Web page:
Warning! Spoilers for Squid Game ahead.

Before we start, I have to recommend watching this in Korean with English subtitles. The dubs just don’t do the actors and the dialogue justice. Yes, the subtitles are imperfect, but it’s better than the dubs.

The Netflix original show “Squid Game” is about lower-class citizens of South Korea playing children’s games for money. What starts as harmless games for fair amounts of cash evolves into something they don’t expect or want: a life-or-death game split into six parts. Complete the games, you become a billionaire and can turn your life around when you return home. Fail at any point in time? You die.

It was a simple premise to me, but I was genuinely surprised when I finally started to watch.

I’m an avid enthusiast of cinema, and I pride myself on being able to sniff out when a good show is being overhyped. I also pride myself on being able to catch major plot twists and reveals before a show or movie ends.

“Squid Game” caught me off guard in both of these categories, and that’s why I love it.

At the center of “Squid Game” is Lee Jung-jae, who plays protagonist Seong Gi-Hun. Right away, you feel bad for Gi-Hun: he’s desperate to fix his financial situation, which could bring him closer to his daughter.

There are many ways you can feel for Gi-Hun, and the same goes for so many characters in this show. Fan-favorite Kang Sae-byeok, played by Jung Hoyeon, features one of the most heartbreaking character arcs. She trusts no one but herself, a trait that slowly fades in the back half of the season as the game progresses. 

It’s a beautiful arc to see, and one that clashes with so many other personalities. The closed off Sae-byeok interacting with Heo Sung-tae’s arrogant character, Jang Deok-su, led to some much needed tension that came to a head in a massive brawl between all the players. Han Mi-nyeo, played by Kim Joo-Ryung, injects even more energy with her wacky-yet-cunning character.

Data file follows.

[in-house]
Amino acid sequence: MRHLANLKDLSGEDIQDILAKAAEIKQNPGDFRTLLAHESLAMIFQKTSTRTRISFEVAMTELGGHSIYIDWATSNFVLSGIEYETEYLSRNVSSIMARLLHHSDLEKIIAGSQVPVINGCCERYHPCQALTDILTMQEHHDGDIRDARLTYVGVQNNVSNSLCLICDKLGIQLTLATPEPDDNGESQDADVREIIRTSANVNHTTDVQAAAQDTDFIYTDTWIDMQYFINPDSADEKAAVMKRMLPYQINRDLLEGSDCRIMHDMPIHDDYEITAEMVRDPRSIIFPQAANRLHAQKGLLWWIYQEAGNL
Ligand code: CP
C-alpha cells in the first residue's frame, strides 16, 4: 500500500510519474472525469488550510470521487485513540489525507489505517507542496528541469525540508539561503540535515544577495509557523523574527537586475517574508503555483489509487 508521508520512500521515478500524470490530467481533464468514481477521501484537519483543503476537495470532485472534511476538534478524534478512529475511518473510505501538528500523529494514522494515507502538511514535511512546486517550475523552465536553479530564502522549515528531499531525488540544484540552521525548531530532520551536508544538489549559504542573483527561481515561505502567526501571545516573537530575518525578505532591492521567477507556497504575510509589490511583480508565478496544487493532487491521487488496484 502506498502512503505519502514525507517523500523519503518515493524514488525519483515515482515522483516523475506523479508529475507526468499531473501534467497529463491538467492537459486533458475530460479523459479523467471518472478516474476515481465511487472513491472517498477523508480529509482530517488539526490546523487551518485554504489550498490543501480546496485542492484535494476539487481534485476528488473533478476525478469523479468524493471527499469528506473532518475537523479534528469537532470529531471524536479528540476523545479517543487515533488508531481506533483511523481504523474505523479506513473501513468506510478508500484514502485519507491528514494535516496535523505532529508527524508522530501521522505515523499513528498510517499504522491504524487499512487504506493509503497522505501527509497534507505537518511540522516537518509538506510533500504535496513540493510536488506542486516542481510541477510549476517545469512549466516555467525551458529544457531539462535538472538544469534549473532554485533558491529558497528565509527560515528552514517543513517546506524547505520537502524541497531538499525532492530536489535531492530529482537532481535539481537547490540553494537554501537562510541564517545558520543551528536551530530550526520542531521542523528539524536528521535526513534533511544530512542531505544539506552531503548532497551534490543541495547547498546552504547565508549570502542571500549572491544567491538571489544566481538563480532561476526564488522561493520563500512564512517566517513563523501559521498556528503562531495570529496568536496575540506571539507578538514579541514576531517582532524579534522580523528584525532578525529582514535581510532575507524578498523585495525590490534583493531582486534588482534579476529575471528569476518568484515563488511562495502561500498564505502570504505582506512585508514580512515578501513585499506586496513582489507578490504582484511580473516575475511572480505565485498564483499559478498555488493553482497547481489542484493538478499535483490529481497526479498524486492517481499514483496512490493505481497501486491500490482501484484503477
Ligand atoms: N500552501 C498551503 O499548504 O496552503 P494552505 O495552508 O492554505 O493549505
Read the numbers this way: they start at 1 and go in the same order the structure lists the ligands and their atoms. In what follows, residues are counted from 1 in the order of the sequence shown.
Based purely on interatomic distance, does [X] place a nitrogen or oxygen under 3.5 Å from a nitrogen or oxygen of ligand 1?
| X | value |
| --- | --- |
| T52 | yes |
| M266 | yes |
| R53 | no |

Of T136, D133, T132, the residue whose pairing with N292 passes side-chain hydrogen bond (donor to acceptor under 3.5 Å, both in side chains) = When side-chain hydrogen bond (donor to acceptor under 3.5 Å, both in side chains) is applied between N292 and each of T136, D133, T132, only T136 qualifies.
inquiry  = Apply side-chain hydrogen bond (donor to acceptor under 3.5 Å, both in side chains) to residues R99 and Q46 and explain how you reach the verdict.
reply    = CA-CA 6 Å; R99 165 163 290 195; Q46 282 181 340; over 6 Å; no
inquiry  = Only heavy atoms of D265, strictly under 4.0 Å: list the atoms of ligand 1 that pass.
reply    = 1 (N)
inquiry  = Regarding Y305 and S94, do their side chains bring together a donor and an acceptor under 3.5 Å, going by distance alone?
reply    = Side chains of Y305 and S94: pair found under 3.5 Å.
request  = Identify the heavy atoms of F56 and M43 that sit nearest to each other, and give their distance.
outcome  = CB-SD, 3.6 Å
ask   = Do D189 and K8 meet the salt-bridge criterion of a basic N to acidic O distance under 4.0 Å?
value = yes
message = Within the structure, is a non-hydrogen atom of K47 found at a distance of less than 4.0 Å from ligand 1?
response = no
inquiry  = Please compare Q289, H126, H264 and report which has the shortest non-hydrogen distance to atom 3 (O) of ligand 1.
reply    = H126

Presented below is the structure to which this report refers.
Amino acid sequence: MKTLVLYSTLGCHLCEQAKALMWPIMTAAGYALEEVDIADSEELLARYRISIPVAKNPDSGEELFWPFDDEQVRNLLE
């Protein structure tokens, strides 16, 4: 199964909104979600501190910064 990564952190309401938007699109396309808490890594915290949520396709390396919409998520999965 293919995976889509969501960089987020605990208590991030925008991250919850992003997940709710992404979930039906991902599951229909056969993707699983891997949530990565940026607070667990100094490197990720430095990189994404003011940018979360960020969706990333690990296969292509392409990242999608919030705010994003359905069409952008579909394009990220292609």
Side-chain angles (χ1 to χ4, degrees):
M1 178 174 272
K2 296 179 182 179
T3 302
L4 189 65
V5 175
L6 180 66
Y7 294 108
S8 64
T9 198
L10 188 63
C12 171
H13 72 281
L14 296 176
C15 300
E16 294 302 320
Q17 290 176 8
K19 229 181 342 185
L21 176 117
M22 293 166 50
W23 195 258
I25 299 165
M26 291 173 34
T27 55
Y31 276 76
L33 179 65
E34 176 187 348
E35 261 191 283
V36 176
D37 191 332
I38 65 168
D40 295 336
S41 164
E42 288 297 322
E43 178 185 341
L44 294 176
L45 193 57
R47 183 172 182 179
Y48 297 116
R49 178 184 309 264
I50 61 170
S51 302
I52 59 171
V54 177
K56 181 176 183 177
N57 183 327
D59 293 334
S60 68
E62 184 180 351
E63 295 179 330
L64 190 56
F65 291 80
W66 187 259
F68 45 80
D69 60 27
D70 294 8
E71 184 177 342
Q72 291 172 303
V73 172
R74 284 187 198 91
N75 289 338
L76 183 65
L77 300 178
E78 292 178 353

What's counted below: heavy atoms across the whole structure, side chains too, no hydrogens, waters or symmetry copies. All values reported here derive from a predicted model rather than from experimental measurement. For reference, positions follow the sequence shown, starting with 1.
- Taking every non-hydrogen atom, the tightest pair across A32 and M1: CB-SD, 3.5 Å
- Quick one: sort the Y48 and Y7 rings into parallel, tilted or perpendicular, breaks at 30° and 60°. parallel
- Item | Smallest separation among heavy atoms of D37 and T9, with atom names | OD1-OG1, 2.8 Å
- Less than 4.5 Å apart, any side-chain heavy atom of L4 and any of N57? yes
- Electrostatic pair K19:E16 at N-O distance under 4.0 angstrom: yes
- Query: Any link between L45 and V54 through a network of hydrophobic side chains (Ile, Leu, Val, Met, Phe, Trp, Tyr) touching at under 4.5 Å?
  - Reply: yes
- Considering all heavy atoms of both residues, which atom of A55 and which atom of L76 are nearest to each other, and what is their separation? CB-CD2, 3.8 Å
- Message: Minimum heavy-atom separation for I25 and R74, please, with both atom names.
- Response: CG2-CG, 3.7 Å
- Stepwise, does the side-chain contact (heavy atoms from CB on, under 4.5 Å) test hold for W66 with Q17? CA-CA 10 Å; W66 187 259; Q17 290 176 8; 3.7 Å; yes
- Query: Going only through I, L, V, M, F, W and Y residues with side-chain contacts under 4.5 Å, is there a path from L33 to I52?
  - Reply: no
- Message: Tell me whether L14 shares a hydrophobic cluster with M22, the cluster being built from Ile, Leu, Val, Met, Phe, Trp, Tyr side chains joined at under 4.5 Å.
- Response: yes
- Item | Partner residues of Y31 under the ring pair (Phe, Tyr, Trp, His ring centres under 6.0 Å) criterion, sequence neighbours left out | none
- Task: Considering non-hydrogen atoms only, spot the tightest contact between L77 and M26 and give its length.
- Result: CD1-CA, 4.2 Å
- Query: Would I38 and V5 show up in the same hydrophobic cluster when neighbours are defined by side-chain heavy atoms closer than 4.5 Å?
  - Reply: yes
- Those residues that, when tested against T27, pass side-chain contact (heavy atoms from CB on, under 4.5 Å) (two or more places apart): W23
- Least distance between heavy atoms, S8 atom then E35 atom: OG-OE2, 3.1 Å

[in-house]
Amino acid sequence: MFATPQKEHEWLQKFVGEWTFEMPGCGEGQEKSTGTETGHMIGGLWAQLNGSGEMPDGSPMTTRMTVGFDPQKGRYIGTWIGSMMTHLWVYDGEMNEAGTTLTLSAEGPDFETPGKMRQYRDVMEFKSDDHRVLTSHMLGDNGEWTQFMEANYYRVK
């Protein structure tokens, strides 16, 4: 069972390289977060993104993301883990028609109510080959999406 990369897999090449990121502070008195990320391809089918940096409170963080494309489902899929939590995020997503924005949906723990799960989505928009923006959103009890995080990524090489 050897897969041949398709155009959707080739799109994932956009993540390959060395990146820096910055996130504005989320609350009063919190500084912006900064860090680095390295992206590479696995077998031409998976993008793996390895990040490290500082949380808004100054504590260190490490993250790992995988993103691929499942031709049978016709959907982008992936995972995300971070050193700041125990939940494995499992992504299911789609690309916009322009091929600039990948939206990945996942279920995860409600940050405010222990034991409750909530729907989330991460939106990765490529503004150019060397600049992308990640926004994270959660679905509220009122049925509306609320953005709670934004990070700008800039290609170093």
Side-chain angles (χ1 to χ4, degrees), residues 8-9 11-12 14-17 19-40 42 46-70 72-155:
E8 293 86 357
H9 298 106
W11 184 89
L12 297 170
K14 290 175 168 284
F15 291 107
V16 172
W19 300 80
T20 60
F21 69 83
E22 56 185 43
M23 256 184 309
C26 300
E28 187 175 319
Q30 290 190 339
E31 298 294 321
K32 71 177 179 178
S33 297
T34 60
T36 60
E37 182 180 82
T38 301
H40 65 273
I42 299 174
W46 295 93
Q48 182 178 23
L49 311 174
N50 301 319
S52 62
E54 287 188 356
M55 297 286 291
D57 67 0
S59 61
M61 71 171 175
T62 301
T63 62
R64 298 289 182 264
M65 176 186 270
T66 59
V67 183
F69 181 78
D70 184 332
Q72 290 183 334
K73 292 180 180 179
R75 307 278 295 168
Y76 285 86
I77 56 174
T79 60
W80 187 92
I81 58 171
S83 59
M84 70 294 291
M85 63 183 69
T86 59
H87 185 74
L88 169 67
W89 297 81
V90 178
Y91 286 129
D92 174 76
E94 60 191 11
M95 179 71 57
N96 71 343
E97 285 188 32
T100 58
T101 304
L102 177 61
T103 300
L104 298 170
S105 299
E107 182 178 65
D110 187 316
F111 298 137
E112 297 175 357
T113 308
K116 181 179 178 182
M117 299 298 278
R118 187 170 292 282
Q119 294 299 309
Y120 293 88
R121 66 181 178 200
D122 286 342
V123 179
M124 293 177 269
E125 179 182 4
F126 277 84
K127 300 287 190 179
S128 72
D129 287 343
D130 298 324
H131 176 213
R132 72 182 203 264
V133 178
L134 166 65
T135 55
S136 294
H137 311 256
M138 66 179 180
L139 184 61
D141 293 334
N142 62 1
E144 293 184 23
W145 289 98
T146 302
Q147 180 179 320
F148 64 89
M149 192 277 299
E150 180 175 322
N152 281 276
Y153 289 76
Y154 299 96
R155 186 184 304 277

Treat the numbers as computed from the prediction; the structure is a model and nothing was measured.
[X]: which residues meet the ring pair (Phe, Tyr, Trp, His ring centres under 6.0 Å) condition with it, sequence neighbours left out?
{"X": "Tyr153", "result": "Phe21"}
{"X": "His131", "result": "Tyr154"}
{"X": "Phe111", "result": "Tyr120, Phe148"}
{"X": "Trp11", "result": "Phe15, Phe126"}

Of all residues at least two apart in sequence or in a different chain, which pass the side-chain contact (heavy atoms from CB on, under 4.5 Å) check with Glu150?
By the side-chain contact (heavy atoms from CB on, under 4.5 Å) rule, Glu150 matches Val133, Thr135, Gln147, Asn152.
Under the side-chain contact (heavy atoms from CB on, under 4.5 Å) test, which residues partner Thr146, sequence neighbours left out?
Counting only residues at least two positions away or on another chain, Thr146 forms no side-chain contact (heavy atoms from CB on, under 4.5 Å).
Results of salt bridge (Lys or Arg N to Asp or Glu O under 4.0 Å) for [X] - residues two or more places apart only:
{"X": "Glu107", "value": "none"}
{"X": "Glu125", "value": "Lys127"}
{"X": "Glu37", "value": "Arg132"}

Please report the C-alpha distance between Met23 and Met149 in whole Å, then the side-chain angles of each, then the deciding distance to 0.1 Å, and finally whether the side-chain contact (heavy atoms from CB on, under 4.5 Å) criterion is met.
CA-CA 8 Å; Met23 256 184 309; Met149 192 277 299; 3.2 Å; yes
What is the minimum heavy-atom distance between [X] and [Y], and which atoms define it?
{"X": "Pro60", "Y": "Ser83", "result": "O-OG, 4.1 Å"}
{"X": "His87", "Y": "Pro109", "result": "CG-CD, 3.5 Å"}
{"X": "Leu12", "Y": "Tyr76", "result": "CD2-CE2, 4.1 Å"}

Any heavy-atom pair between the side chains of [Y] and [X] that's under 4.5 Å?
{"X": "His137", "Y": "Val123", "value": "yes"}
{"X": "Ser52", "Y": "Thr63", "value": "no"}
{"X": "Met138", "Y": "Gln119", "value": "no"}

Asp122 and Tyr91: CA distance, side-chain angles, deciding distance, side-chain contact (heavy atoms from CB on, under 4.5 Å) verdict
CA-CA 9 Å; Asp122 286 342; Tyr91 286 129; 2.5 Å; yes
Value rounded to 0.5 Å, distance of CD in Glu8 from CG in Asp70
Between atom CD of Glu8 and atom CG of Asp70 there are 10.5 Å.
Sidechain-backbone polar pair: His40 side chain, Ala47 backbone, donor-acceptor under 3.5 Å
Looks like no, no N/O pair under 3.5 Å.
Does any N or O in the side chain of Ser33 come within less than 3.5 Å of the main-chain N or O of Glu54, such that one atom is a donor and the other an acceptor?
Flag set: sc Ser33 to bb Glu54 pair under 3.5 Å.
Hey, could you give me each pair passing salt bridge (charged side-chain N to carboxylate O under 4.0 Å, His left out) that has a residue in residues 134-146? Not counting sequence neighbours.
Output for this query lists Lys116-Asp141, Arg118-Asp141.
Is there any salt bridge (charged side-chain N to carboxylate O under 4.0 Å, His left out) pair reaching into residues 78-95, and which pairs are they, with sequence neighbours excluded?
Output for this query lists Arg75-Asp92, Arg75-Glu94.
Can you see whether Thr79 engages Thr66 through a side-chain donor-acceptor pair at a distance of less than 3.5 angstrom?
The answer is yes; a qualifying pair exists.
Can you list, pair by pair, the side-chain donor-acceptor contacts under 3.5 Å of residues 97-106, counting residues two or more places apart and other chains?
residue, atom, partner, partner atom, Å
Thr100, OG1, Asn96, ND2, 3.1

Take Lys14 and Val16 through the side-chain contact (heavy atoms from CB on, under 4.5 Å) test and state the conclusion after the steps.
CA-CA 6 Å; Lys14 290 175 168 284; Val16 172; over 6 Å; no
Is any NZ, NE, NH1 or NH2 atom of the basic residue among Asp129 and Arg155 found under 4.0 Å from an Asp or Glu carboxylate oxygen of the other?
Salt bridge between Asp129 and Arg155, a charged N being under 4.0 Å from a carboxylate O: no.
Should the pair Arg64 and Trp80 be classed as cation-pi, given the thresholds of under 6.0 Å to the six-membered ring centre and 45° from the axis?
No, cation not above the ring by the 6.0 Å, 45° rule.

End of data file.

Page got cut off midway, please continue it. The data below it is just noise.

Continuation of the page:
Finally, there’s the beautiful contrast between Anupam Tripathi’s kind and naive Ali Abdul and Park Hae-soo’s cold and calculated Cho Sang-woo. Neither of them, like many of these characters, fit into a “hero” or “villain” archetype. All of these characters are just desperate for money, powerfully illustrating Korean classism in the modern day. You may not like what these characters are doing sometimes, but you understand why.

While I continued to watch the show, something felt off to me: Oh Il-nam, better known as Player 001. In a game where people get shot for losing red light, green light, this elder is smiling the entire time. At first, I thought it made some sense: we’re led to believe that this man is about to die from a tumor and he’s just enjoying his final moments alive.

But then we find out that it was Il-nam who created this deadly game, and my head started spinning so hard I felt the need to rewatch the entire show. I found some things indicating the Il-nam reveal the second time around.

We never see his body get shot. It’s one of the oldest tricks in the book: if you don’t see the body, they didn’t die. Except “Squid Game” diverts our attention from that rule in the most heartbreaking episode of the season: “Gganbu.”

Yes, it’s the marble episode. How could I not talk about this? This episode showed the lengths to which these players would go to win the game. I knew exactly who would live and die – it became obvious by then that Gi-Hun, Sang-woo, and Sae-byeok were our endgame characters. However, the episode itself packed so much emotion that it made the inevitable deaths of Ali and Lee Yoo-mi’s character Ji-yeong so hard to watch.

On the note of Ali’s death, we also didn’t see his body get shot. This meant Il-nam “died” the same way as Ali, and the directors used Ali’s death to make us believe Il-nam was gone as well. The big difference is that we saw Ali’s body in the following episode, but not Il-nam’s.

Overall, “Squid Game” is a genius show with heavy real-life themes, relatable characters, amazing sets and so much emotion I feel like I might need therapy after watching the show. I didn’t even get to talk about the subplots of the Front Man and his brother Jun-ho or the doctor who was cheating in the game, but it’s okay. Just know that those hold their own in a show packed with so many thrilling pieces of storytelling and cinema. There’s a lot that could happen in a potential season two, so here’s to hoping this gets renewed!

I had high expectations coming into the show thanks to social media, and “Squid Game” somehow exceeded them. It was fun, intense, dramatic and poetic in every way. Packed with electrifying action sequences, compelling characters and high levels of tension, this show spiked my adrenaline and interest at the same time.

Overall rating: 10/10